Writer Joseph J. Airdo

Opening Photo by Alex Avalos on Unsplash

All Other Photos Courtesy of Ginny Temple

[dropcap]T[/dropcap]erry Temple believes that the most transformative forces within a community are the arts.

“A director makes theater happen from the management side but the talent side, the building side and the support side all belong to the community,” Temple explains. “It is ultimately their responsibility. And that brings a sense of belonging to a community.”

Late last year, Temple assumed the role of managing director of Desert Foothills Theater, which has been providing performance opportunities to aspiring actors and attendance opportunities to audiences in the North Valley since 1975. Its performance venues include Cactus Shadows Fine Arts Center and Foothills Community Foundation’s Holland Center — both in Scottsdale.

In addition to inviting participation through open auditions for all adult and youth shows, the award-winning theater features a variety of educational classes, camps, post-performance talkbacks and pre-performance meetups. It also provides volunteer opportunities in all areas and aspects of theater production, which includes training and support for those interested in learning more about backstage work.

Now, Temple has joined the theater, armed with his extensive backgrounds in business and art to create vibrant opportunities for artists of all ages and enrich the community with robust storytelling and theater performances.

Connecting with People

“In my family, you had to be good at athletics and cars but I thought I was good at the arts,” says Temple, who grew up in Mesa. “Fortunately, I had parents who supported me. I started off playing different instruments and singing in choirs. Then, in high school, I was cast in my first show and I fell in love with [theater].”

While studying music at Arizona State University, Temple became a touring member of American large-ensemble folk music group The New Christy Minstrels. It was during this time that Temple learned that the most important part of the arts is connecting with people. He credits one of the group’s music directors, Sid Garris, with that key nugget of knowledge.

“He was this interesting curmudgeon of a man who wore a monocle,” Temple says. “He taught me that if you do not have people who are willing to lay down their money to come and see you for an hour and a half, then you do not have anything at all. And he had a great way of telling you if you did not have anything. He would go from this crazy, unhinged man to this profound, Yoda-esque character all in the same sentence.”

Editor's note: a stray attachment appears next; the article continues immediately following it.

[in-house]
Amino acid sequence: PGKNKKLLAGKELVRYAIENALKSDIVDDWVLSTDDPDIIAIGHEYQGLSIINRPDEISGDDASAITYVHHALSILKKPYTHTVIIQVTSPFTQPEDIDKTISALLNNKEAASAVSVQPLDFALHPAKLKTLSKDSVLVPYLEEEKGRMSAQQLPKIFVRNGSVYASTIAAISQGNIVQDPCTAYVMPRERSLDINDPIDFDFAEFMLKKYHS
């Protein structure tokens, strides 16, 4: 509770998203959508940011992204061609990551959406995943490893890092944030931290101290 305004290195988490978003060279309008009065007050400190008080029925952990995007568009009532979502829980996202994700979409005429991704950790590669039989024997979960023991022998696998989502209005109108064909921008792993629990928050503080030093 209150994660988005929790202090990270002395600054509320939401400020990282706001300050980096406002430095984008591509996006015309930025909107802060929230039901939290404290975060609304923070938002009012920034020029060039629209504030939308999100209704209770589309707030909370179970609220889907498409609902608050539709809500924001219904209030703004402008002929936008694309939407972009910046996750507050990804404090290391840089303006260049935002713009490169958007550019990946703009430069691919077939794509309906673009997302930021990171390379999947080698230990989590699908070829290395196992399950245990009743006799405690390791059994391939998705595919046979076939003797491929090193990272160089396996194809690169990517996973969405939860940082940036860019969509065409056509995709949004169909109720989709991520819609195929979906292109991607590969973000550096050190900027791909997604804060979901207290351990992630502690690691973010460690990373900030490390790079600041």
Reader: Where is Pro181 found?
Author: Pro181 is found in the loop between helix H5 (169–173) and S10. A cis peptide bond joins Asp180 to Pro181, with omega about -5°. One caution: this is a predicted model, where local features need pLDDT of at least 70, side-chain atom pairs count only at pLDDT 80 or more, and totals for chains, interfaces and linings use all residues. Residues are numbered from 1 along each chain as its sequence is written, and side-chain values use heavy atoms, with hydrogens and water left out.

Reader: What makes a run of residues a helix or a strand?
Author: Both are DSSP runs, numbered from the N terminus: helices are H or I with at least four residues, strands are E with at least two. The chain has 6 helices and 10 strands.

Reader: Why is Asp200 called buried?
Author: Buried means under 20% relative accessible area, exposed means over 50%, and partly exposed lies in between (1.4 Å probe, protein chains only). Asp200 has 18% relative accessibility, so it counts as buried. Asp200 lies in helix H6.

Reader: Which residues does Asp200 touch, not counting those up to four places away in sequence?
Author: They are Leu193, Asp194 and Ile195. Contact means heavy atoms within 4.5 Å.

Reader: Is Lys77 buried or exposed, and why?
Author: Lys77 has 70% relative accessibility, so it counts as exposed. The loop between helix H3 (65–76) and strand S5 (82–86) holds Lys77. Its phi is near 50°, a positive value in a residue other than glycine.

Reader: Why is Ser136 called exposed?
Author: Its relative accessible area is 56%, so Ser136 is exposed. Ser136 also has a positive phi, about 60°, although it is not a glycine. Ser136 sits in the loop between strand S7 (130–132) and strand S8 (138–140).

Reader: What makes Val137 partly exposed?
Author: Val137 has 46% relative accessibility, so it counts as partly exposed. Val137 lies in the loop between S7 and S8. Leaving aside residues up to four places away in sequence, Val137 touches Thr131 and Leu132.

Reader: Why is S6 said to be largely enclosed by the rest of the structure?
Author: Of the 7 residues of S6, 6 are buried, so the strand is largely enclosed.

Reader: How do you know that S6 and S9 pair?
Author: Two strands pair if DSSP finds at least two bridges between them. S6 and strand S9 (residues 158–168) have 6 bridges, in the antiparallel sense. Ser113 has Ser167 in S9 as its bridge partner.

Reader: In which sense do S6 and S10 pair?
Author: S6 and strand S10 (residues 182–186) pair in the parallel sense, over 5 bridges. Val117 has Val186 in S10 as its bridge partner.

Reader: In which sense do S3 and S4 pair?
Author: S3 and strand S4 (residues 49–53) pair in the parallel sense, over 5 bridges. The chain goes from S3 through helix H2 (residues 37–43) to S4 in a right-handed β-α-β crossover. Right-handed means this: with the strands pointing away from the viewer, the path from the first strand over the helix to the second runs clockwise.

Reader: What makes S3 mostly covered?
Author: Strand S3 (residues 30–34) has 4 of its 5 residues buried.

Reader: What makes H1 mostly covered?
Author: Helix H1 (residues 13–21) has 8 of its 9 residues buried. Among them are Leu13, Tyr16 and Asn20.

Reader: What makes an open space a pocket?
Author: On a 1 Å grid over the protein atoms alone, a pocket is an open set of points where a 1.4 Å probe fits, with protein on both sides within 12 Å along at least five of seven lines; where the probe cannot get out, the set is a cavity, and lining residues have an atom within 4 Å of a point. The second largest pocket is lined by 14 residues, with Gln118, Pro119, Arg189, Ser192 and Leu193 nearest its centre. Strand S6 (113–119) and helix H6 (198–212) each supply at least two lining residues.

Temple also learned a lot about music’s influence from Garris, who insisted that the world needs more of the beauty that only the arts can create.

With The New Christy Minstrels based in Los Angeles, Temple eventually found himself auditioning for roles in TV shows and bit parts in movies. His on-screen credits include NBC’s crime drama “Sonny Spoon,” which starred Mario van Peebles, and the 1988 made-for-TV movie “Perfect People,” starring Lauren Hutton and Perry King.

However, Temple did not like being so far away from his home and his family so he returned to Arizona around the same time that his grandmother had fallen ill.

“My mom had asked me if I could be around for a while so I took a temporary job with a church in Mesa,” Temple says. “Some of my earliest memories were singing in the choir. I have always been drawn to the church and I still am.”

That temporary position propelled Temple into a 25-year career as a liturgical musician for parishes in the Diocese of Phoenix.

To New Adventures

In 2009, Temple opened the doors to Temple Music and Performing Arts — a Scottsdale studio that teaches voice, piano, guitar, drums, acting and audition preparation. His wife Ginny manages operations behind the scenes while the couple’s daughter Emily, who graduated last May with an acting degree from Azusa Pacific University in California, serves as one of the studio’s instructors.